These calculations indicate that GSL was saturated with respect to both aragonite and dolomite (favoring mineral formation) through the whole pH range (7.64–8.54) observed in bulk NA and SA porewaters. However, saturation indices for both minerals decline with decreasing pH. The saturation index of aragonite falls below zero (undersaturation, favoring mineral dissolution) at pH < 6.7 in the NA and < 7.1 in the SA. The dolomite saturation index falls below zero at pH < 5.5 in the NA and < 6.0 in the SA. Thus, in the pH range 5.5–6.7 (NA) or 6.0–7.1 (SA), dolomite is thermodynamically stable while aragonite is predicted to dissolve.

To encompass historical variation in the geochemical conditions of GSL and to assess its effect on aragonite and dolomite saturation indices, data were compiled from locations in the NA and SA over the time frame 1966–2017 (Figure 6B). Historical ranges of water solute concentrations were used to calculate a minimum, average, and maximum saturation index for each mineral at the minimum, average, and maximum recorded temperatures. These calculations indicate that geochemical conditions have favored dolomite formation throughout this time frame in both the NA and SA. Conditions have also likely favored aragonite formation throughout this period, with its saturation index falling below zero only at the lowest recorded alkalinities and during the coldest intervals.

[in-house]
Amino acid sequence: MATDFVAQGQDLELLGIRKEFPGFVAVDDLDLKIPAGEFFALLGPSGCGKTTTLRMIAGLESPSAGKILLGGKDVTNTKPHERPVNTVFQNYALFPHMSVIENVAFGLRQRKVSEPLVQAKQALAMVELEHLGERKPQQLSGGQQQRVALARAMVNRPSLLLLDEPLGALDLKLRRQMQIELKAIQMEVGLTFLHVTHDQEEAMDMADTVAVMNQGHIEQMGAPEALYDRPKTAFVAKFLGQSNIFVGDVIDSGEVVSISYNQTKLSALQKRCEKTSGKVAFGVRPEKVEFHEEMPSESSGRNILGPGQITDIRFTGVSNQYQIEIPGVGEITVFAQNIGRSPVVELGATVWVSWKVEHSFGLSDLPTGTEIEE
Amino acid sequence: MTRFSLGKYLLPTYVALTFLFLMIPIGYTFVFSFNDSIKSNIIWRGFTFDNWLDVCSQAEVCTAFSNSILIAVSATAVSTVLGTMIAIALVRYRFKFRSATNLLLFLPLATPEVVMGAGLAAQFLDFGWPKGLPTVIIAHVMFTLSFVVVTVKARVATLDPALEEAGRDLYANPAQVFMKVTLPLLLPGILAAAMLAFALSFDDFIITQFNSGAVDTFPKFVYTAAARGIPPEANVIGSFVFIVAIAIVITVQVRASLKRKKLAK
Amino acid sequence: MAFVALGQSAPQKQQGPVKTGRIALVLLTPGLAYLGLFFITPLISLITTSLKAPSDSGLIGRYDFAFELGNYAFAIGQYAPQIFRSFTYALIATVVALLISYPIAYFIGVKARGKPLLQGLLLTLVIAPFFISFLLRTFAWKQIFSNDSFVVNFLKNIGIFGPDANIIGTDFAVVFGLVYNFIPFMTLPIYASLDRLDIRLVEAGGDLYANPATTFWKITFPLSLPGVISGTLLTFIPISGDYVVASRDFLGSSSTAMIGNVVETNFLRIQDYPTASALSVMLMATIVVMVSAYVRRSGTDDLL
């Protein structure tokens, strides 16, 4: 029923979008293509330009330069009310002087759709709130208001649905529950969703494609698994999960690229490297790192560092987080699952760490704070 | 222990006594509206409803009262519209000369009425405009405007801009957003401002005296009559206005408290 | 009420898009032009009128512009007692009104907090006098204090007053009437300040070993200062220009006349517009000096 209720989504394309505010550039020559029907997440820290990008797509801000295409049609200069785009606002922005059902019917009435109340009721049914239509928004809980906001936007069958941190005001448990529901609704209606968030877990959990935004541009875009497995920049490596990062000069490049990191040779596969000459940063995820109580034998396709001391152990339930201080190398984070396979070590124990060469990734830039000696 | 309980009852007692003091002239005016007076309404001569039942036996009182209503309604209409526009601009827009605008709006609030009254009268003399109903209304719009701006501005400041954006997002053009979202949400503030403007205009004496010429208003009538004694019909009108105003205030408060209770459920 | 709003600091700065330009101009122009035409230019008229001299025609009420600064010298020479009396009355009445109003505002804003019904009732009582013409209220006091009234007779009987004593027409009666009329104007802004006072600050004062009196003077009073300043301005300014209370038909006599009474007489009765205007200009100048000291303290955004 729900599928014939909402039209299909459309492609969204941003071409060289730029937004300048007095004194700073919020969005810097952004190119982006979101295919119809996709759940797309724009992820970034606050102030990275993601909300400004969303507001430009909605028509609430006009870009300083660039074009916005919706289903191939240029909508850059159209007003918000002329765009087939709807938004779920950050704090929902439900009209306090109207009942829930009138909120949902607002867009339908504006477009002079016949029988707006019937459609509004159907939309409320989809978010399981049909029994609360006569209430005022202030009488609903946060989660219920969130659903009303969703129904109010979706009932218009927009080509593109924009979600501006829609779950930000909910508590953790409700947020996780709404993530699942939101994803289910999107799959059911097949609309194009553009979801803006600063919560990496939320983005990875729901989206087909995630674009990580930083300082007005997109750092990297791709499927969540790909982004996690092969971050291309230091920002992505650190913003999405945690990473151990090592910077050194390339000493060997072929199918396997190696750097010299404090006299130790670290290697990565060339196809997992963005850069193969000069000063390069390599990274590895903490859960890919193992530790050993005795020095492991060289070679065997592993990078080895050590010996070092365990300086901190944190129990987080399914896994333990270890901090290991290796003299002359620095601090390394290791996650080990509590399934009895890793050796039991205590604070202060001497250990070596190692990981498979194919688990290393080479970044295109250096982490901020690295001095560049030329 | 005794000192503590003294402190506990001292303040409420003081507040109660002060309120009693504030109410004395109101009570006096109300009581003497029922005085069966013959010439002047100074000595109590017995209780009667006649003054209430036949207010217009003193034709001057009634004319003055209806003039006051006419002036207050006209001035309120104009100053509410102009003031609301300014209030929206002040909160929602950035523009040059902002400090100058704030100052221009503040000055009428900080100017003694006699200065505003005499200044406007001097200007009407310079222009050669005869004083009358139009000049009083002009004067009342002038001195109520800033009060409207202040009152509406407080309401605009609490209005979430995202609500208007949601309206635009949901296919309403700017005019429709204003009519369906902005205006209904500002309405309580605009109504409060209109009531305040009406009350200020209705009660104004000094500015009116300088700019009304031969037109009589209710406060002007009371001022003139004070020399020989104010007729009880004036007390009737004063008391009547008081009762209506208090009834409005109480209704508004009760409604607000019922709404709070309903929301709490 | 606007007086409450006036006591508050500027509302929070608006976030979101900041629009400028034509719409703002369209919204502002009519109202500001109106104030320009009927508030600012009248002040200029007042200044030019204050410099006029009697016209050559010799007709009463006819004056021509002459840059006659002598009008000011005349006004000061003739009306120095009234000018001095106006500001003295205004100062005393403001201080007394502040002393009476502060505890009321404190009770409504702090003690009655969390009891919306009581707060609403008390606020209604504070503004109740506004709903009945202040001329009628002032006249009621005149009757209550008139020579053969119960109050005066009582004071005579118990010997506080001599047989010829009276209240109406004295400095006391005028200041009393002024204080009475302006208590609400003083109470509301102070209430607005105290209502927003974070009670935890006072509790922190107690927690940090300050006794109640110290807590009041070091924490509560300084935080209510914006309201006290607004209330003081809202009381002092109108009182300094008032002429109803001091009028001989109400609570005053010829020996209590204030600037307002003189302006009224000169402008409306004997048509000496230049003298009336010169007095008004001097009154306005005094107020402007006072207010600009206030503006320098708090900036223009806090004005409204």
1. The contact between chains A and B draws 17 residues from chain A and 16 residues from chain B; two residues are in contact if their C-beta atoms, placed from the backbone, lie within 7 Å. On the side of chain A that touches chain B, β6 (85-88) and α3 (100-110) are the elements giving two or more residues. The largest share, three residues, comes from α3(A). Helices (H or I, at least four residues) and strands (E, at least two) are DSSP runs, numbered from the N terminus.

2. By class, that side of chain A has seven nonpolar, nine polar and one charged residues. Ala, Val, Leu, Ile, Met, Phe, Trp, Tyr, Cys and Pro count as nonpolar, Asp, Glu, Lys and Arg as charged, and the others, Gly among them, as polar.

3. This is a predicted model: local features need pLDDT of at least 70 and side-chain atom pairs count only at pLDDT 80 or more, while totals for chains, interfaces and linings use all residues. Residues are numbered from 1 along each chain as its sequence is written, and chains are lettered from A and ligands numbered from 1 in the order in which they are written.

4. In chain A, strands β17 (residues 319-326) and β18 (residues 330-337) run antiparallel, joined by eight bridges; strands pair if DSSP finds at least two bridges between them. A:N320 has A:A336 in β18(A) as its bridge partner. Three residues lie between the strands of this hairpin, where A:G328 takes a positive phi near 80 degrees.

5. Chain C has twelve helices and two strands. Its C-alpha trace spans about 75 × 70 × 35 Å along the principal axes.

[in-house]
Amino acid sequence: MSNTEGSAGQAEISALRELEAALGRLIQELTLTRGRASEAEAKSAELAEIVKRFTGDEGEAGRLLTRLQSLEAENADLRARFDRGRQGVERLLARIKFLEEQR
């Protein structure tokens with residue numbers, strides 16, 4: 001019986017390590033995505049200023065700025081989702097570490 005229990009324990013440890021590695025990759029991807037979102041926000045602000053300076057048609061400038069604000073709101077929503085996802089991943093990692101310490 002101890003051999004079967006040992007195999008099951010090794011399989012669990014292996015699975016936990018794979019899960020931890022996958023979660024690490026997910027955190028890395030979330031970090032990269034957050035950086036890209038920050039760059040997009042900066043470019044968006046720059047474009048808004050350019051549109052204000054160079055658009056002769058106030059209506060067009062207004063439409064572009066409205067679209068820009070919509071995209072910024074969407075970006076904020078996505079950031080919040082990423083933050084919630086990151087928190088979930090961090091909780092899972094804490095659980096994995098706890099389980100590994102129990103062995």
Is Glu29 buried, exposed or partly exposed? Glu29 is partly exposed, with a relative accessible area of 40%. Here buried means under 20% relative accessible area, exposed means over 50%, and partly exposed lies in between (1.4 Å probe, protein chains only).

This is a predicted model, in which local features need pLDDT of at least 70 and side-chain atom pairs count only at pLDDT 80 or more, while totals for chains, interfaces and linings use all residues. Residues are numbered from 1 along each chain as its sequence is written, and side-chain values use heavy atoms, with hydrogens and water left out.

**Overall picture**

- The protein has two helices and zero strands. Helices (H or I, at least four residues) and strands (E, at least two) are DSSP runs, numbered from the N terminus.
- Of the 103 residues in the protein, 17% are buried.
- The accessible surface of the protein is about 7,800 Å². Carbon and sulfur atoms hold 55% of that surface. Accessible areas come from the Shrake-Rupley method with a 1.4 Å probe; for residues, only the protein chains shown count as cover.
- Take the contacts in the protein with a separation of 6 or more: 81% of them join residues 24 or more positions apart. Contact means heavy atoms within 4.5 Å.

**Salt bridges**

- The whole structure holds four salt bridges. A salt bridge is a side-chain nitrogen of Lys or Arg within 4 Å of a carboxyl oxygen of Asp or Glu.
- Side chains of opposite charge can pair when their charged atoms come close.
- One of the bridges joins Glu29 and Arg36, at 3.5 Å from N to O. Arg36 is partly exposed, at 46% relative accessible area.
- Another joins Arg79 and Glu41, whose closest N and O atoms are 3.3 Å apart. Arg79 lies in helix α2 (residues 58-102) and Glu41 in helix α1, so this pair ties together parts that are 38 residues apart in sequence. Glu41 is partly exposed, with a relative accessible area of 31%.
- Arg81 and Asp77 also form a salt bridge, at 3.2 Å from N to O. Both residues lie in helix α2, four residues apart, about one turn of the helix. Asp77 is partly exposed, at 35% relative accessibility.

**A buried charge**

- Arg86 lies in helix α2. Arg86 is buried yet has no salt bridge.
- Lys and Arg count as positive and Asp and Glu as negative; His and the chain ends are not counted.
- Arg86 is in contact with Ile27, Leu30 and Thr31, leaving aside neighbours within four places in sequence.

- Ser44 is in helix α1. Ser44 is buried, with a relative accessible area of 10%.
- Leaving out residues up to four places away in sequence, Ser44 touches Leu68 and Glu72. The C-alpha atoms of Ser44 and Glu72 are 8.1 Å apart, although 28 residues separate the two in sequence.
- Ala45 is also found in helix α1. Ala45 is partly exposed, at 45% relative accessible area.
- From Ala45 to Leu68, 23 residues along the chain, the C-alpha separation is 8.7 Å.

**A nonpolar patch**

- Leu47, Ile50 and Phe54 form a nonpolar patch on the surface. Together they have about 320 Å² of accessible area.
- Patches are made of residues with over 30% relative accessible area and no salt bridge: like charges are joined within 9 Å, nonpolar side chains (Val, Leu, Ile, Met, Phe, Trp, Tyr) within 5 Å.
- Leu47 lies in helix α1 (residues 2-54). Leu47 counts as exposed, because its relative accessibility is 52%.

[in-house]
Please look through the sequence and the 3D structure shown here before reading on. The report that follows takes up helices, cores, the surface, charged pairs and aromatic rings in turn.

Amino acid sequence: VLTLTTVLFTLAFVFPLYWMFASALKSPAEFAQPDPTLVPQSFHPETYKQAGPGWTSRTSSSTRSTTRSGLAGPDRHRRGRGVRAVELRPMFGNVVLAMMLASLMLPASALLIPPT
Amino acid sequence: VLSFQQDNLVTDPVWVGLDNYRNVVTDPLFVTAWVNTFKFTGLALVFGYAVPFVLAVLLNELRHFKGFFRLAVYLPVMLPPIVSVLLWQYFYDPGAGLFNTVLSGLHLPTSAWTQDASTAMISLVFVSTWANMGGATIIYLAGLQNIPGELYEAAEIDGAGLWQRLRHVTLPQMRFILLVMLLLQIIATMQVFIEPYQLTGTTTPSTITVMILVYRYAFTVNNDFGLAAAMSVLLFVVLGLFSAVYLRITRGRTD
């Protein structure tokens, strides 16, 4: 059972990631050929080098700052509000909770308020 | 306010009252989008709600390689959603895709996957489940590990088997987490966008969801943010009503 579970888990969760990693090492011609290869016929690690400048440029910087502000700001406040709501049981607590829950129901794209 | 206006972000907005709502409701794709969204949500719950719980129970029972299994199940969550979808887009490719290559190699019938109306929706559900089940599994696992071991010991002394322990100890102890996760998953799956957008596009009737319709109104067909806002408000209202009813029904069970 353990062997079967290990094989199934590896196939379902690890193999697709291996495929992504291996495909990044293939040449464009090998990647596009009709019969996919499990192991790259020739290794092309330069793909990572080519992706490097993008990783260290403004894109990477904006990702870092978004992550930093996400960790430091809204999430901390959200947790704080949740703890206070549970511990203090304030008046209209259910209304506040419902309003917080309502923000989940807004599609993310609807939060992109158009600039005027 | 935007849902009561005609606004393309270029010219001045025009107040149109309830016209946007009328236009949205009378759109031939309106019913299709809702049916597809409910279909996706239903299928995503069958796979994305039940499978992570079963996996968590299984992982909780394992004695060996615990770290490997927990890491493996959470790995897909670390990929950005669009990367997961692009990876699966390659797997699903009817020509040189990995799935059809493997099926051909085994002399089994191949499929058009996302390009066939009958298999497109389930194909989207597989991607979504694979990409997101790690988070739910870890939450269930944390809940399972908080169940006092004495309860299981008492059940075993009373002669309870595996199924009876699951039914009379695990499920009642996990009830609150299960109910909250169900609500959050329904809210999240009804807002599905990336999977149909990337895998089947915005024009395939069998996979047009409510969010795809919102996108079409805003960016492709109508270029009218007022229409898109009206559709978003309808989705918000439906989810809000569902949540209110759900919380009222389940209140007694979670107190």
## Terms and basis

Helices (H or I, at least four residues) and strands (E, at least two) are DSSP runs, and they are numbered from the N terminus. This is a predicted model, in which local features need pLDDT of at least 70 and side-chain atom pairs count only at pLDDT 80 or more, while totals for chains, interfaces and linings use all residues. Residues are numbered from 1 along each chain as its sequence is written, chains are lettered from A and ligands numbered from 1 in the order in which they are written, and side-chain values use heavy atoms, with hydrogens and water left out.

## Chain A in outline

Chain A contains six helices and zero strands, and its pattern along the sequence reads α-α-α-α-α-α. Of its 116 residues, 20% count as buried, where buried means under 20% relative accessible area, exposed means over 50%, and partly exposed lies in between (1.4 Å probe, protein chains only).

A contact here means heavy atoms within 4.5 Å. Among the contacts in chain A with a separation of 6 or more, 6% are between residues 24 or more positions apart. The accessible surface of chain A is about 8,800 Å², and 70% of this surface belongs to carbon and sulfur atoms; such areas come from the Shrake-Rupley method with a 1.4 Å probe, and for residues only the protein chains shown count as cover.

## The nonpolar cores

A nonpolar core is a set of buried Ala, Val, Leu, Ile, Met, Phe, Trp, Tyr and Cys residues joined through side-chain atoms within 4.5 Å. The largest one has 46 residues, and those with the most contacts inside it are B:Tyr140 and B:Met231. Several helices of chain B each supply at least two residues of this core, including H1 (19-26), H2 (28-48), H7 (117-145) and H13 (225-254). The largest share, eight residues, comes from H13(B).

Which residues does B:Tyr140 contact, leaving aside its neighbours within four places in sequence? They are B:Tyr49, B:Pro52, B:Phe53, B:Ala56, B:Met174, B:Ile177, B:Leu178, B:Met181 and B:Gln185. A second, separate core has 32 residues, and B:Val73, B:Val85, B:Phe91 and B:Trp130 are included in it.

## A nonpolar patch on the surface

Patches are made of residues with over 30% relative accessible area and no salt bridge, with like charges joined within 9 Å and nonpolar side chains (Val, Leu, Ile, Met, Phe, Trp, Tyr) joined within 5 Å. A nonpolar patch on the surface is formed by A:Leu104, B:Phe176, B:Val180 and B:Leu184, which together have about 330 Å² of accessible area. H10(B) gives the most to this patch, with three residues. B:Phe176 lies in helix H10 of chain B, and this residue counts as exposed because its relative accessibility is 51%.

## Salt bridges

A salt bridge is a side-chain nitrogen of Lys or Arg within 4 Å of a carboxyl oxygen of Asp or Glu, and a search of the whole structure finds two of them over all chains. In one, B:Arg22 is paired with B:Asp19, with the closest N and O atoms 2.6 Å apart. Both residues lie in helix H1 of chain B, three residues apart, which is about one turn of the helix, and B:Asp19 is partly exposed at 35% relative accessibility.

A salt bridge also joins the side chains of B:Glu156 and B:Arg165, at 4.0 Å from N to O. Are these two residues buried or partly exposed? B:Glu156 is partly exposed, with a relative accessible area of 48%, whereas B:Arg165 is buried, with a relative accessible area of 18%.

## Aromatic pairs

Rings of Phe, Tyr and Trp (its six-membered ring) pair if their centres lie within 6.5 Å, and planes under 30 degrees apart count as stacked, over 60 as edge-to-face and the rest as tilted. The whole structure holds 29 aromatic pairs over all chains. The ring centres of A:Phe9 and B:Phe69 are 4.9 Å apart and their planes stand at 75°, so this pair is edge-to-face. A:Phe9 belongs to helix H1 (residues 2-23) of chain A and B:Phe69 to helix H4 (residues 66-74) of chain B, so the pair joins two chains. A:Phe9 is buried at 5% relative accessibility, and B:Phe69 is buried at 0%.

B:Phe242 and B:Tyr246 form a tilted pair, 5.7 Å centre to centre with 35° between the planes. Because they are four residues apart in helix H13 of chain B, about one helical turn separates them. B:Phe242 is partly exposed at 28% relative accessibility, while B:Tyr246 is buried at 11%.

Proposed Model for Protodolomite Formation in GSL

A mechanism has been previously proposed to explain (proto)dolomite formation in phototrophic microbial mats in Bridger Bay, GSL (Pace et al., 2016). In this model, the activity of SRB drives aragonite precipitation within the mat structure. This biomass-associated aragonite is then deposited to sediments where dolomitization of aragonite takes place due to localized increases in acidity induced by fermentative processes. However, 16S rRNA gene (Lindsay et al., 2017, 2019) and metagenomic sequence (E.S. Boyd, unpublished data) do not reveal abundant populations inferred to be SRBs (< 2% of total community) in benthic phototrophic microbial mats associated with microbialites from Bridger Bay. We therefore propose a modification to the model put forth by Pace et al. (2016) which may also help to explain the distribution of aragonite and protodolomite in GSL (see Figure 7). Like the previous model, we suggest aragonite precipitation takes place in photosynthetic microbial mats due to a localized increase in alkalinity and this aragonite is then deposited into benthic sediments. However, the increase in alkalinity is proposed to be induced by photosynthetic CO2 consumption rather than the activity of low abundance SRBs. This interpretation is consistent with previous studies showing that oxygenic photosynthetic organisms can precipitate aragonite through localized increases in alkalinity (Merz, 1992; Al-Horani et al., 2003; Kranz et al., 2010).


Figure 7. Proposed model for the formation of aragonite and dolomite in mats and sediments in Great Salt Lake (GSL). Photosynthesis in benthic cyanobacterial mats generates a local increase in alkalinity, promoting the precipitation of aragonite on extracellular polymeric substances, as well as generating large quantities of biomass and O2. Aerobic heterotrophs oxidize sufficient biomass and photosynthate to deplete local O2, generating a niche for anaerobic fermentative bacteria and sulfate-reducing bacteria (SRB). Organic acids produced by fermenters both lower porewater pH, promoting aragonite dissolution, and provide substrates supporting heterotrophic SRB in underlying sediments. SRB activity promotes dolomite precipitation in mildly acidic microenvironments where aragonite precipitation is thermodynamically disfavored. Abbreviations: Ar, aragonite; Do, dolomite; Cyano, cyanobacteria; Het, aerobic heterotrophic bacteria; Ferm, fermentative bacteria; SRB, sulfate-reducing bacteria.